Community leaders in the Northwest Territories were surprised last week by a letter in which the Department of Municipal and Community Affairs (MACA) provided a "clarification of roles and responsibilities and the status of funding going forward."
Tommy Kakfwi, Chief of Fort Good Hope, N.W.T., said that after receiving the letter, his "trust in leadership at the territorial level" was gone.
The letter, dated Sept. 9, went out to all N.W.T. communities indicating that the department would continue to pay for personal protective equipment (PPE), but not reimburse communities for other COVID-19-related expenses like isolation costs.
"The COVID-19 pandemic has become normal operations for all organizations. The best practice recommendations for your community is to budget for the activities you can anticipate and create a contingency for emergency event," the letter read.
Kakfwi and Norman Wells, N.W.T., Mayor Frank Pope said the statement is contrary to what they were told in ongoing meetings with the department throughout the pandemic.
"We were told right from May of 2020, 'keep your expenses, keep your receipts, you will be reimbursed,'" Pope said. "This caught us totally by surprise."
MACA spokesperson Jay Boast said that the letter was sent out in response to questions raised at the Northwest Territories Association of Communities meeting of mayors and chiefs in late August.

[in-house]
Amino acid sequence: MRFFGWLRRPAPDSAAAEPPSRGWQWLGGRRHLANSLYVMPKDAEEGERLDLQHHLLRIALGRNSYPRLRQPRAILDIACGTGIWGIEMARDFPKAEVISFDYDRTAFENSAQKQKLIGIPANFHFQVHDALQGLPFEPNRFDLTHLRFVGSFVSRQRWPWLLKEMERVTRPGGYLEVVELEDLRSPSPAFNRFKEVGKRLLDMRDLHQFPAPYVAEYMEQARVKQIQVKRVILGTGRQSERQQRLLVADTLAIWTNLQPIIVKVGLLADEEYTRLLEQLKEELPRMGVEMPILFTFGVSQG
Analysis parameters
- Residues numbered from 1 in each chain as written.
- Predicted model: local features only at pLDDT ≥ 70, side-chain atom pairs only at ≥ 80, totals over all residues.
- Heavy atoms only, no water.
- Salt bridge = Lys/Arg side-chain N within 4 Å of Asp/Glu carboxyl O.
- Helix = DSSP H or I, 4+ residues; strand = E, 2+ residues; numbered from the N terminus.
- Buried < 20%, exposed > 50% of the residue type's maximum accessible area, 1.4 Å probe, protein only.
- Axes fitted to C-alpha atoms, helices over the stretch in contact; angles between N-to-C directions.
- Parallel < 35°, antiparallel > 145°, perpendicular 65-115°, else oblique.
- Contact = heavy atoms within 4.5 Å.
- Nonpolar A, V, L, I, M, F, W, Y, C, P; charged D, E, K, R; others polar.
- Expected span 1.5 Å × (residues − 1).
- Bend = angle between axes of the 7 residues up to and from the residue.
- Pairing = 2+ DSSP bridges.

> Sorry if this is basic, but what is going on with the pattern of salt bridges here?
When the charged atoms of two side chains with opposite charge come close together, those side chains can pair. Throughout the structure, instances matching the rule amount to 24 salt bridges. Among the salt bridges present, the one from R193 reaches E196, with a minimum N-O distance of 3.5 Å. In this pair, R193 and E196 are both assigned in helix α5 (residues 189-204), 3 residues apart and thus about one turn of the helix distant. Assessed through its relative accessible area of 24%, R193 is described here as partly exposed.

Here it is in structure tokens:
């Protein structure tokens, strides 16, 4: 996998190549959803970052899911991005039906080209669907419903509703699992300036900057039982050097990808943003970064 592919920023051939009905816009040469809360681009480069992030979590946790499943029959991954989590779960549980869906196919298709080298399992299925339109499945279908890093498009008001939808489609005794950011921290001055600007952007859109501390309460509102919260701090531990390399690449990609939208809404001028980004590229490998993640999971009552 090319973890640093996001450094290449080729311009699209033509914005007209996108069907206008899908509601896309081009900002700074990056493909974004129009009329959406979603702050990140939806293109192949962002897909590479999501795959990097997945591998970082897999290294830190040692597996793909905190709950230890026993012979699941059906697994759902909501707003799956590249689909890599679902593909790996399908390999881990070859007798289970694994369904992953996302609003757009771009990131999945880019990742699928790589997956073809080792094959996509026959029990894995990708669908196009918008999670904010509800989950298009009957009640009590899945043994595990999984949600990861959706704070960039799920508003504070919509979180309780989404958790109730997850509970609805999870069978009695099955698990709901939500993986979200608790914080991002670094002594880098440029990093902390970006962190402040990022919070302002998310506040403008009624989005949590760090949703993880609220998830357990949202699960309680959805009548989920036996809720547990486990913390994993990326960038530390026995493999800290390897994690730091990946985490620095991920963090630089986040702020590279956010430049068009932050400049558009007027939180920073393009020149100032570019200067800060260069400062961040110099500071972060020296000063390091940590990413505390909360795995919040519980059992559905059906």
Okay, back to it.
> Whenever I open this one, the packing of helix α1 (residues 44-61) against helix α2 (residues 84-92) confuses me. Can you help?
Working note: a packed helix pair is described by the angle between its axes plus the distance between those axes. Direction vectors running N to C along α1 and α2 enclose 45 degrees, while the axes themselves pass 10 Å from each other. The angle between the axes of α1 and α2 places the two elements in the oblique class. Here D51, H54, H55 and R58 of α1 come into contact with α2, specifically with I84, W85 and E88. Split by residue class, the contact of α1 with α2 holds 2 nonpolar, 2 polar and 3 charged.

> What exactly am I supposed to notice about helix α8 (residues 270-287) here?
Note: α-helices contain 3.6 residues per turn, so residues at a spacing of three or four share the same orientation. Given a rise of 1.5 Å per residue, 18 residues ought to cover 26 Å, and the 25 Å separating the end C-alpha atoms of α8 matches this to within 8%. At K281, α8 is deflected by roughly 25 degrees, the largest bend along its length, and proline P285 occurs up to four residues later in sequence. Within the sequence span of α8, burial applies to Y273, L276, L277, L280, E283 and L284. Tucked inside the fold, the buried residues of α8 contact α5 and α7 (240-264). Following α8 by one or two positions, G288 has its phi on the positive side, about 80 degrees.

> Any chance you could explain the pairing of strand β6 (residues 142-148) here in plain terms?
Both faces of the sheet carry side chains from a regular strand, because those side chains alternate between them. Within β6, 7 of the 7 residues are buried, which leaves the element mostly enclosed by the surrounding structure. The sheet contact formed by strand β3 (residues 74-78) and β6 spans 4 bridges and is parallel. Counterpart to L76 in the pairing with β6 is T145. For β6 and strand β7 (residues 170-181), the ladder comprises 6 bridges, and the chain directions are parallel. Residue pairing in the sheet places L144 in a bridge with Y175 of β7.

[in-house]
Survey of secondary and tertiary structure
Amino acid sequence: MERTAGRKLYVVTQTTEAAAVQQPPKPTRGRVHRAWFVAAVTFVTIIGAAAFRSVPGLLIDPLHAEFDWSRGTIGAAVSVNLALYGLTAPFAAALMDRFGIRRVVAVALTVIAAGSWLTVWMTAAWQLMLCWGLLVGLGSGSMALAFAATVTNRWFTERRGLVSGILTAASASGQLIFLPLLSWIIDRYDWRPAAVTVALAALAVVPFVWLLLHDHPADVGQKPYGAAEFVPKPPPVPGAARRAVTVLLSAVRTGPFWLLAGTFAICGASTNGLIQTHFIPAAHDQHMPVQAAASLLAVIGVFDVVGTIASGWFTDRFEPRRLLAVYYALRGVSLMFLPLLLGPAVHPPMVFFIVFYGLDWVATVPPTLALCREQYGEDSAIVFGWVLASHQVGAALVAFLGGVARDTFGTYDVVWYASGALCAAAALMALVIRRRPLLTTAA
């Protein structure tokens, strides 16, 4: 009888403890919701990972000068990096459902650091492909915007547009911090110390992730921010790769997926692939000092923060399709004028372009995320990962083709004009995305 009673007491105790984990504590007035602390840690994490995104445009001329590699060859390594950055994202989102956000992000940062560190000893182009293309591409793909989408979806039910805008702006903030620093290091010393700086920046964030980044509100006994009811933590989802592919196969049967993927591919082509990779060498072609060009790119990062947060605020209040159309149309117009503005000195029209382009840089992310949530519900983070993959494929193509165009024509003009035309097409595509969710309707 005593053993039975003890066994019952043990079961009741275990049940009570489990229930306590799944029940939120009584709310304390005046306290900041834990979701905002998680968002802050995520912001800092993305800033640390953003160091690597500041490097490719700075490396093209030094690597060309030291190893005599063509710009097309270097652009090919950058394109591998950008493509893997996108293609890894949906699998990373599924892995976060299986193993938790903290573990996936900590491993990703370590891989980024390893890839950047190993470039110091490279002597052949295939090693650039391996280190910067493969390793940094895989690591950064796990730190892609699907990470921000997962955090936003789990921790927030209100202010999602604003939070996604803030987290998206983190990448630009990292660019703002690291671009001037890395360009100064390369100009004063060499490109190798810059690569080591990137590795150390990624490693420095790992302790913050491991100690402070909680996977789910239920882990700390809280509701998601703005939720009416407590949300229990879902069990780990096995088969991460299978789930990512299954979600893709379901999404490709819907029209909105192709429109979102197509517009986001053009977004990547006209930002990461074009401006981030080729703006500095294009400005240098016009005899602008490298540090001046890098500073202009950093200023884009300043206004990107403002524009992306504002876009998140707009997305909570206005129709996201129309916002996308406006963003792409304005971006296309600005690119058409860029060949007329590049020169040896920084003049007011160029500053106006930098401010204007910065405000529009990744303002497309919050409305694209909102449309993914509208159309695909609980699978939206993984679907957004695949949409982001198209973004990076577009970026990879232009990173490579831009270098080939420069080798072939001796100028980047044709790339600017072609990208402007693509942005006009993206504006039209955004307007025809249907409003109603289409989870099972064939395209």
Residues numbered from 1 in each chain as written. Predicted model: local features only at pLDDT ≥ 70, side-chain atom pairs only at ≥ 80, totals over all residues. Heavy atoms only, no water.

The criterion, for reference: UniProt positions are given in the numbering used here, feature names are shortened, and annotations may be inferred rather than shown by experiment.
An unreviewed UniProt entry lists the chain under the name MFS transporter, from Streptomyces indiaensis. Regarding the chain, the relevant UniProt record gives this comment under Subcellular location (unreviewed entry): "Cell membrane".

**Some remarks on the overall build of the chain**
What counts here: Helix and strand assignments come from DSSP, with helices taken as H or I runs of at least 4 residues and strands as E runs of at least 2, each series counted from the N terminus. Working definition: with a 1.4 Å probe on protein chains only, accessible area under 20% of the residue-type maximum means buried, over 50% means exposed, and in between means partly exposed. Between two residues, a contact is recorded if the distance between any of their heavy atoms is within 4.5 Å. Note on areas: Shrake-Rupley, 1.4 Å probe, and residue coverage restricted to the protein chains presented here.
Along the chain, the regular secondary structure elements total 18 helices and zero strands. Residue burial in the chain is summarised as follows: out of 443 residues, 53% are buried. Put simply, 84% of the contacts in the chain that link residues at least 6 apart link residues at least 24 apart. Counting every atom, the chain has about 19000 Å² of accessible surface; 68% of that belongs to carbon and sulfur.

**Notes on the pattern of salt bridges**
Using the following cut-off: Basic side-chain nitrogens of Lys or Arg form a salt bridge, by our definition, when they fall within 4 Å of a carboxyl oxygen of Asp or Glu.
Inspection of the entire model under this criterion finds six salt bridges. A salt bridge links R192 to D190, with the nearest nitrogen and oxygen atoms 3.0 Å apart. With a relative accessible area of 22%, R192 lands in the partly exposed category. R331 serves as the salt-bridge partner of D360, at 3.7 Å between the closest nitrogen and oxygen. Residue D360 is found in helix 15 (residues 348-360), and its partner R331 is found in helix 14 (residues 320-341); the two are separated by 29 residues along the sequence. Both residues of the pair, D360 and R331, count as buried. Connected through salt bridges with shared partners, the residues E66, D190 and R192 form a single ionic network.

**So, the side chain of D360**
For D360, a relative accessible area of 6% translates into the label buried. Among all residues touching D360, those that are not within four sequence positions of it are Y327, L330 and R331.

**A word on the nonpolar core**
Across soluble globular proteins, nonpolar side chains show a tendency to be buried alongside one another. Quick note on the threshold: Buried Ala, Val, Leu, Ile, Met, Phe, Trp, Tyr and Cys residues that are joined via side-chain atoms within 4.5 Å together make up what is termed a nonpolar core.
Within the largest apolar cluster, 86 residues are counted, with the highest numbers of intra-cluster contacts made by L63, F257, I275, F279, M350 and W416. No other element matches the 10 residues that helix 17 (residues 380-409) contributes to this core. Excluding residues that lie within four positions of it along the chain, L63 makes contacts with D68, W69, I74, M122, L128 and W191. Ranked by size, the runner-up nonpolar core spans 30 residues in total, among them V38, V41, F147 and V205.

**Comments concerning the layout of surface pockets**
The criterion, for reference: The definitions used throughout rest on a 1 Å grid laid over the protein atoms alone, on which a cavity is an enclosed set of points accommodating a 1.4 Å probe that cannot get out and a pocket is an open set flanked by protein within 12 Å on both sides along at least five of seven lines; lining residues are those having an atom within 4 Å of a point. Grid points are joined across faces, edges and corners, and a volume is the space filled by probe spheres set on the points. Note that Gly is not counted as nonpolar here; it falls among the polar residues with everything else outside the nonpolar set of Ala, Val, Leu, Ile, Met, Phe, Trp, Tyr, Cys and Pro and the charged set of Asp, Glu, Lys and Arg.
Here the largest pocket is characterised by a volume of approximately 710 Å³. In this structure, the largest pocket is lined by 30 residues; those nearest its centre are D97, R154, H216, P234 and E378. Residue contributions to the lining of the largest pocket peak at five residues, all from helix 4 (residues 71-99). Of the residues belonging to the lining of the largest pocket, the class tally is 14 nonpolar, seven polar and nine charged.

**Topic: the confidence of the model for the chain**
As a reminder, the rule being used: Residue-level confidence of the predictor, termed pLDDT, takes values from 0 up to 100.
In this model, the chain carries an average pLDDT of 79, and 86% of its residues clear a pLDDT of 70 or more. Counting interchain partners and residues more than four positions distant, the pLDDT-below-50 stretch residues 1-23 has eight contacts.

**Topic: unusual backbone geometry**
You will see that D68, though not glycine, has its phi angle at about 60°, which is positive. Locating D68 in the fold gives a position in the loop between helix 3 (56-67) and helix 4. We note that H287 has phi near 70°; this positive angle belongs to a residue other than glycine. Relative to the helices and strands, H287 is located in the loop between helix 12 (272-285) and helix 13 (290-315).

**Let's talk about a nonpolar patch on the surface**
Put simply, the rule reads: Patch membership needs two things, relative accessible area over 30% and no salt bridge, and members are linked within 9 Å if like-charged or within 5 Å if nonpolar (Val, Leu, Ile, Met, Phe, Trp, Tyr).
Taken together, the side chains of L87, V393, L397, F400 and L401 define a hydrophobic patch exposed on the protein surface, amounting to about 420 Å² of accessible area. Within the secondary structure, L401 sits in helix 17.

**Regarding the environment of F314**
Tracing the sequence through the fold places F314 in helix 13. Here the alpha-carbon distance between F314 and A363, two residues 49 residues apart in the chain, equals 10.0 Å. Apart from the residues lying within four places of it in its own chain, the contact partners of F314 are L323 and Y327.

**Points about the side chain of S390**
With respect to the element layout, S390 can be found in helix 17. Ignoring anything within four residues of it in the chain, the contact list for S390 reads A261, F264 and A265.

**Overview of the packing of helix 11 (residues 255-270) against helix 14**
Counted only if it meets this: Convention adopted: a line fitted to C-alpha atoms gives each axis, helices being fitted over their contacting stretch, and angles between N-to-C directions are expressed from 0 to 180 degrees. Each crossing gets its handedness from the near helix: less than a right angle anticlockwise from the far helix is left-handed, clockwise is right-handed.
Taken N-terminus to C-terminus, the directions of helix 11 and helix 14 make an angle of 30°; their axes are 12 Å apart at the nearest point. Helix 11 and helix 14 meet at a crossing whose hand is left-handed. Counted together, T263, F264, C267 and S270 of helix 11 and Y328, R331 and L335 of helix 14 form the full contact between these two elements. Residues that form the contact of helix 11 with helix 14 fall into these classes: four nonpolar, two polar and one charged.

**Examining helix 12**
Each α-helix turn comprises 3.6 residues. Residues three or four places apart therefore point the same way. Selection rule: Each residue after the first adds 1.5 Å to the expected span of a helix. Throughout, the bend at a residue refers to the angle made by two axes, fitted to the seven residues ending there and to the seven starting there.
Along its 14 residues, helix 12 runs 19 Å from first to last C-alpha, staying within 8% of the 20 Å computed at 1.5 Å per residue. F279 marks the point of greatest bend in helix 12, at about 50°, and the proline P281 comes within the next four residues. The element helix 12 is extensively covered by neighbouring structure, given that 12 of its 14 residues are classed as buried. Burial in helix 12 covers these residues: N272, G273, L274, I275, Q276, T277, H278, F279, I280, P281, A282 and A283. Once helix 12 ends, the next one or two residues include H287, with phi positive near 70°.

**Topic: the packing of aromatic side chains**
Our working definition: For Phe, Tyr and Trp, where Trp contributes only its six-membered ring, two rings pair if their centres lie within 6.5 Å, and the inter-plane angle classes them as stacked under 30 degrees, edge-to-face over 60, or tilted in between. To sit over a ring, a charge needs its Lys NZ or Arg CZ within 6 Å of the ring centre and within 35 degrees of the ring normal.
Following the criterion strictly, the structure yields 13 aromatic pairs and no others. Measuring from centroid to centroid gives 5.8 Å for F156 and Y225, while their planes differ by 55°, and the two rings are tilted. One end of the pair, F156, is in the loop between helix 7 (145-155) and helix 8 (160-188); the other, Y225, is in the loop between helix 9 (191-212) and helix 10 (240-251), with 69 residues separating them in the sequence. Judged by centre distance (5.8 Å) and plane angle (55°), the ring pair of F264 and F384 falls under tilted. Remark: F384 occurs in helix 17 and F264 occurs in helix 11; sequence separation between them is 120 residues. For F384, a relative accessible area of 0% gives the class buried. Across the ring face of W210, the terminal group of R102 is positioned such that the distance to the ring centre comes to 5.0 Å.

"The minister of MACA felt that clarification on COVID-19 funding would be valuable to all communities," Boast told CBC News in an email.
"Communities have to prioritize their spending based on their fiscal realities. MACA helps provide support and guidance on those issues on a regular basis and the letter from the minister was part of that process."
In November 2020, Boast said that $4.7 million was distributed to communities to support their own priorities through the COVID-19 Safe Restart Funding. Another $2.4 million was added to the fund in April 2021.
The department continues to facilitate PPE for community governments, provide cleaning supplies for isolation units as well as food hampers to communities who request them.
For communities to deduct COVID-19 expenses from their regular budgets, Pope said, would cut down services provided to the community members.
"We do not budget for emergencies, we budget for programs and services for communities," he said.
"When you get a fire, do we pay for the firefighters, do we pay for the forestry to go out and do the job on our behalf? No, that's paid for by government. This is no different in our opinion."
Response letter presses for reimbursement
In response to MACA's letter, Pope, along with Kakfwi and Tulita Mayor Douglas Yallee, wrote a return letter demanding community reimbursement for COVID-19 expenses.
"We were unequivocally told by MACA representatives on all levels that we would be reimbursed for our COVID-19 related expenses," the response letter said. It added that the message of reimbursement had been relayed to leaders as recently as the first week of September at a regional-level emergency operations meetings.
"It appears that our regional offices were not informed on a consistent basis of decisions made at the ministerial level," Pope wrote.
Pope estimates the costs of the pandemic added up to approximately $250,000-$300,000 for Norman Wells alone.
"To tell us to budget for emergencies such as COVID because this is the new norm is abysmal on your part. All our monies presently go to funding our operational costs which provide much needed services to our community members," Pope wrote in his letter to MACA Minister Shane Thompson.
"An emergency such as this — and its related costs — will break us."